Trillium Book Awards Author Reading 2015

SHAUN SMITH'S SUNDAY SUNDRIES

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A WEEKLY ROUNDUP OF INTERNET CURIOSITIES FROM THE BOOK WORLD

BATTLE OF THE BIG BROS

I normally avoid commenting on the whole e-book world, because it is just so dang boring and so widely covered elsewhere, but this week one item is worth mentioning because it is, oh, quite possibly the single most important lawsuit in the history of publishing. Big Brother Google is now officially under antitrust investigation by Big Brother the US Department of Justice for their proposed e-book search thingy, which intends to make millions of books available online through Google. "The Google settlement", as it is being called, was reached last October after a few scribblers and bookbinders launched a couple of class action suits against Google in opposition to their plans to digitize every book in the universe, or close to it. The DoJ now wants to have a little chat with the parties involved in the settlement to see if this deal doesn't put a tad too much power into the hands of one corporation. Ya think? Reports abound on the web: NYTs, Wall Street Journal, Washington Post, and Digital Daily (where you can read the actual correspondence between the DoJ and the court).

LURCHING TOWARD OBLIVION

Boston.com (the website of The Boston Globe) offers a report about the first indy bookstore (The Northshire Bookstore, in Manchester Center, Vt.) to install an Espresso print-on-demand machine for books, which the store's staff have lovingly nicknamed Lurch. There's that video of the thing that's been making the rounds, and some obliviously lite newspapery analysis. One statement in particular caught my eye: "If Northshire can make money printing books downloaded from massive online catalogs, it will show how small brick-and-mortar bookshops might be able to match the overwhelming variety of products offered by a giant online retailer like Amazon.com." Yeah, heavy, heavy emphasis on that "might", please. Good luck to Northshire, but does anyone really think this machine would even exist if it weren't for Amazonian demand? Shops like Northshire only gain an edge if Amazon doesn't use the same technology, and I wouldn't advise taking that bet.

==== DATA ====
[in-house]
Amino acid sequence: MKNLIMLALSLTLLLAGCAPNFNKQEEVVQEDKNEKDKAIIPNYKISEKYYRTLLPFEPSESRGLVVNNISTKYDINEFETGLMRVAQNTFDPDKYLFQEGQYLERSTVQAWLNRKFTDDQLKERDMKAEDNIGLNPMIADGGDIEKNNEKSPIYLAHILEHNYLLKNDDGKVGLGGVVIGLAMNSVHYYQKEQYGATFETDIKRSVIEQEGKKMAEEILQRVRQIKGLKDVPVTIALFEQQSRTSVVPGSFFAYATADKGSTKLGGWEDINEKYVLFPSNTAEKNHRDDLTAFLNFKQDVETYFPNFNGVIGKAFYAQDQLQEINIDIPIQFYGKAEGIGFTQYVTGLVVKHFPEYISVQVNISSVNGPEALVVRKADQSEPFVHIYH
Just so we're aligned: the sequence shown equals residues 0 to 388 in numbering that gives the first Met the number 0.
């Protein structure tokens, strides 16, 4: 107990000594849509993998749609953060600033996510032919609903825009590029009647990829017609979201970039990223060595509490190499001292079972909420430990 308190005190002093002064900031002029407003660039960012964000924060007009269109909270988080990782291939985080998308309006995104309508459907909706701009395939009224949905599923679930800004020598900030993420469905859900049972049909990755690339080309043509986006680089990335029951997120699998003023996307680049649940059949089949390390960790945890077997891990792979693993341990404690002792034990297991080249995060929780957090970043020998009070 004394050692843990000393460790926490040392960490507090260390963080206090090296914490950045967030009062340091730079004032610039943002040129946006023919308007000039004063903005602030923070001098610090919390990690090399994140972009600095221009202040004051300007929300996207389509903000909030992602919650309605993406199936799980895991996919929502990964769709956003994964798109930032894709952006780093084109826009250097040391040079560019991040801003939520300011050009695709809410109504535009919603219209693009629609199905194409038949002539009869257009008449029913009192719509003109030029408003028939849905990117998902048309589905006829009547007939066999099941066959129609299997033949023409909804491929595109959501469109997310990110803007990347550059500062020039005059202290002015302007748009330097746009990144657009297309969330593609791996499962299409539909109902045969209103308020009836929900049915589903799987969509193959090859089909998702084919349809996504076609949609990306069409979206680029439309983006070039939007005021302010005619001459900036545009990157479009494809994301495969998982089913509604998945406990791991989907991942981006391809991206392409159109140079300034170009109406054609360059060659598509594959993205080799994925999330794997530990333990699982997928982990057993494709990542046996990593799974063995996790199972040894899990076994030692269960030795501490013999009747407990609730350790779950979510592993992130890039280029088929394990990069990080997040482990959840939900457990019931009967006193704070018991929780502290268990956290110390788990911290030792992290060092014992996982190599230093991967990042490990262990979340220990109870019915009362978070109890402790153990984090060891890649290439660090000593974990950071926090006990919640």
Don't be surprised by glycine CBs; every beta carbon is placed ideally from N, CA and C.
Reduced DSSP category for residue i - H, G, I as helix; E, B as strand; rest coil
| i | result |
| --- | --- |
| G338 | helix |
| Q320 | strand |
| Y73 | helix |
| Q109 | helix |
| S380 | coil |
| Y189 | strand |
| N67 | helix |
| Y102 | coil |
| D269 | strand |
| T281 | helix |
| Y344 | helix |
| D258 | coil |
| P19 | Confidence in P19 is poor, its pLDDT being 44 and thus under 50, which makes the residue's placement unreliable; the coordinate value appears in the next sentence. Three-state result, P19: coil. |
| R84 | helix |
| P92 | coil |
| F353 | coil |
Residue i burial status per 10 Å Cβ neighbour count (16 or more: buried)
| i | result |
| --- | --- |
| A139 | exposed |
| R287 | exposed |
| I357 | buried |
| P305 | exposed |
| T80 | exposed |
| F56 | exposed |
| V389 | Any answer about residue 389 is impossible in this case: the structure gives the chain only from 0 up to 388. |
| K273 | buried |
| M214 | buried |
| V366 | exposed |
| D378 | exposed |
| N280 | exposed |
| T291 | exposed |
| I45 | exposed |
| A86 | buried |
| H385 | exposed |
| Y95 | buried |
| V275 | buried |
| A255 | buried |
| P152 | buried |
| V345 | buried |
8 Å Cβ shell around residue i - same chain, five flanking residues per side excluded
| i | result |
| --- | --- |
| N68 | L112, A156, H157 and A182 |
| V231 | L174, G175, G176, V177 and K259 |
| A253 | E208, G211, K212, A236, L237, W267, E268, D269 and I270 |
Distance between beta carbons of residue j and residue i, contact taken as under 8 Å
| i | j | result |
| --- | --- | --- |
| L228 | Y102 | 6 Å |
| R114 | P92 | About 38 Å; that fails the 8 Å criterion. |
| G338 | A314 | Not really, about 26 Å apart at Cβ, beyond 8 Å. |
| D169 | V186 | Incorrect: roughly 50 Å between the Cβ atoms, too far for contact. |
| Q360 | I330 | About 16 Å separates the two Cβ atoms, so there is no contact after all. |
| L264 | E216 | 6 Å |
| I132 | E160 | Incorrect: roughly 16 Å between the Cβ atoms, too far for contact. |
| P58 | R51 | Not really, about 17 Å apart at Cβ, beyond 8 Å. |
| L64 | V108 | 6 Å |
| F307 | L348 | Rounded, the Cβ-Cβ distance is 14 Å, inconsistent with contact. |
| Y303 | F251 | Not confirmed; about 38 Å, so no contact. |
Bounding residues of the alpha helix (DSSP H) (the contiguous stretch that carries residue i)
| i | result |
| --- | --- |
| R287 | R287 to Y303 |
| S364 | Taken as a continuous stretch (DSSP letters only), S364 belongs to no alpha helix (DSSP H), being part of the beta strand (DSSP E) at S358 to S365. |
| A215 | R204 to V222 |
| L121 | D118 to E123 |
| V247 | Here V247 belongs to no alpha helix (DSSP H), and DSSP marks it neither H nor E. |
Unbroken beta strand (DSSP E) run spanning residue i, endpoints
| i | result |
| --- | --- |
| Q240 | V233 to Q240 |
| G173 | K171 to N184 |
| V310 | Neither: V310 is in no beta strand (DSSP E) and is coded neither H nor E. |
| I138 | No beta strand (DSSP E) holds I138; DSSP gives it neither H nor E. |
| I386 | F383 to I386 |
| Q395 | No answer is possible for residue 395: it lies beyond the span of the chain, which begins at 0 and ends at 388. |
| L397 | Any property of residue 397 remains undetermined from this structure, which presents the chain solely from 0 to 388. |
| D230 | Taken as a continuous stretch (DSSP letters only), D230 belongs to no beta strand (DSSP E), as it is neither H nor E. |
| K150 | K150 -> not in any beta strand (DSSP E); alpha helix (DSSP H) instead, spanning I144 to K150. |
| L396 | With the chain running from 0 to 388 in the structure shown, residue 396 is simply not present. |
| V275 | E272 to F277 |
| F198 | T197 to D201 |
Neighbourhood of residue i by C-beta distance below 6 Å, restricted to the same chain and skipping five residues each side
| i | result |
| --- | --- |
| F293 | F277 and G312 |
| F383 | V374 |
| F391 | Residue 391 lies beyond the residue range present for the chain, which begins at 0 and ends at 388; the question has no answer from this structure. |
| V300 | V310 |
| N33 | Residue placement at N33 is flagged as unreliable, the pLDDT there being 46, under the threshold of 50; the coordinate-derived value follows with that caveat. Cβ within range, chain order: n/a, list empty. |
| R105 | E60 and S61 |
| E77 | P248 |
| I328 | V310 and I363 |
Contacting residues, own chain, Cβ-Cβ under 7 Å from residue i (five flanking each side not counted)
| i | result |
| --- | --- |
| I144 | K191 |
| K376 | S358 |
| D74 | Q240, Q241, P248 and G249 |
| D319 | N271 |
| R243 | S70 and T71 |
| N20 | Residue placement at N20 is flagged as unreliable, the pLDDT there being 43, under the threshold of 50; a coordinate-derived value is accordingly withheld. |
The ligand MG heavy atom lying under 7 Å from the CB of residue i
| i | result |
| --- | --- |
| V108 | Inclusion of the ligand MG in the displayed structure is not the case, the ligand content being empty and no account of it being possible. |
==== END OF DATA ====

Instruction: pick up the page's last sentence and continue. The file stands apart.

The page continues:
POTTED PLOTS

If everything does all go digital, Boing Boing informs us that the Japanese (as usual) are way ahead of the rest of us on what to do with all those worthless old books.

LESS THAN ZERO

Worthless books, you say? According to this entertaining little screed on bookride.com about the antiquarian trade, many old books are now in fact valued at less than worthless. My favourite line: "Who are these guys with absurdly high prices? Generally they have had unhappy childhoods, uncles who drank, boorish parents or have been educated at unpleasant and expensive schools."

ZEROS AND ONES

I had to chuckle at self-confessed programming nerd Sasha Barber's rather nasty encoded note, posted to his blog, in response to a publisher who wanted him to write a book in what was apparently an impossibly short amount of time. (For us non-nerds *ahem!* Baron thankfully provides a decoder link in the post.)

I WANT TO GO TO THERE

Alison Morris of Publishers Weekly offers up a great photo blog of her visit to The Center For Cartoon Studies. Yeah, you read that right: Cartoon Studies. Sounds sort of like Donut Eating Studies, doesn't it? (And I mean that with utmost respect.)

AND THERE

Chris Butcher, manager of Toronto's best comics shop, The Beguiling, has apparently found himself a little slice of Manga heaven. Chris is holidaying in Japan and reports on his blog (with copious photos) on visiting Kyoto Station to view an installation of work by manga master Osamu Tezuka. Even if you don't follow manga, the sheer breadth of work (and merch!) here is astonishing, to say nothing of fun.

AND EVEN THERE

If it is all just too much to take, why not head to Mars?

BUT NOT THERE

Seen the first page of The Moon People yet? For all those who ask, "Why not self publish?", here's your answer.

The views expressed in the Writer-in-Residence blogs are those held by the authors and do not necessarily reflect the views of Open Book: Toronto.

Shaun Smith

Shaun Smith is a novelist and journalist living in Toronto. His young adult novel Snakes & Ladders was published in January 2009 by the Dundurn Group.

Go to Shaun Smith ’s Author Page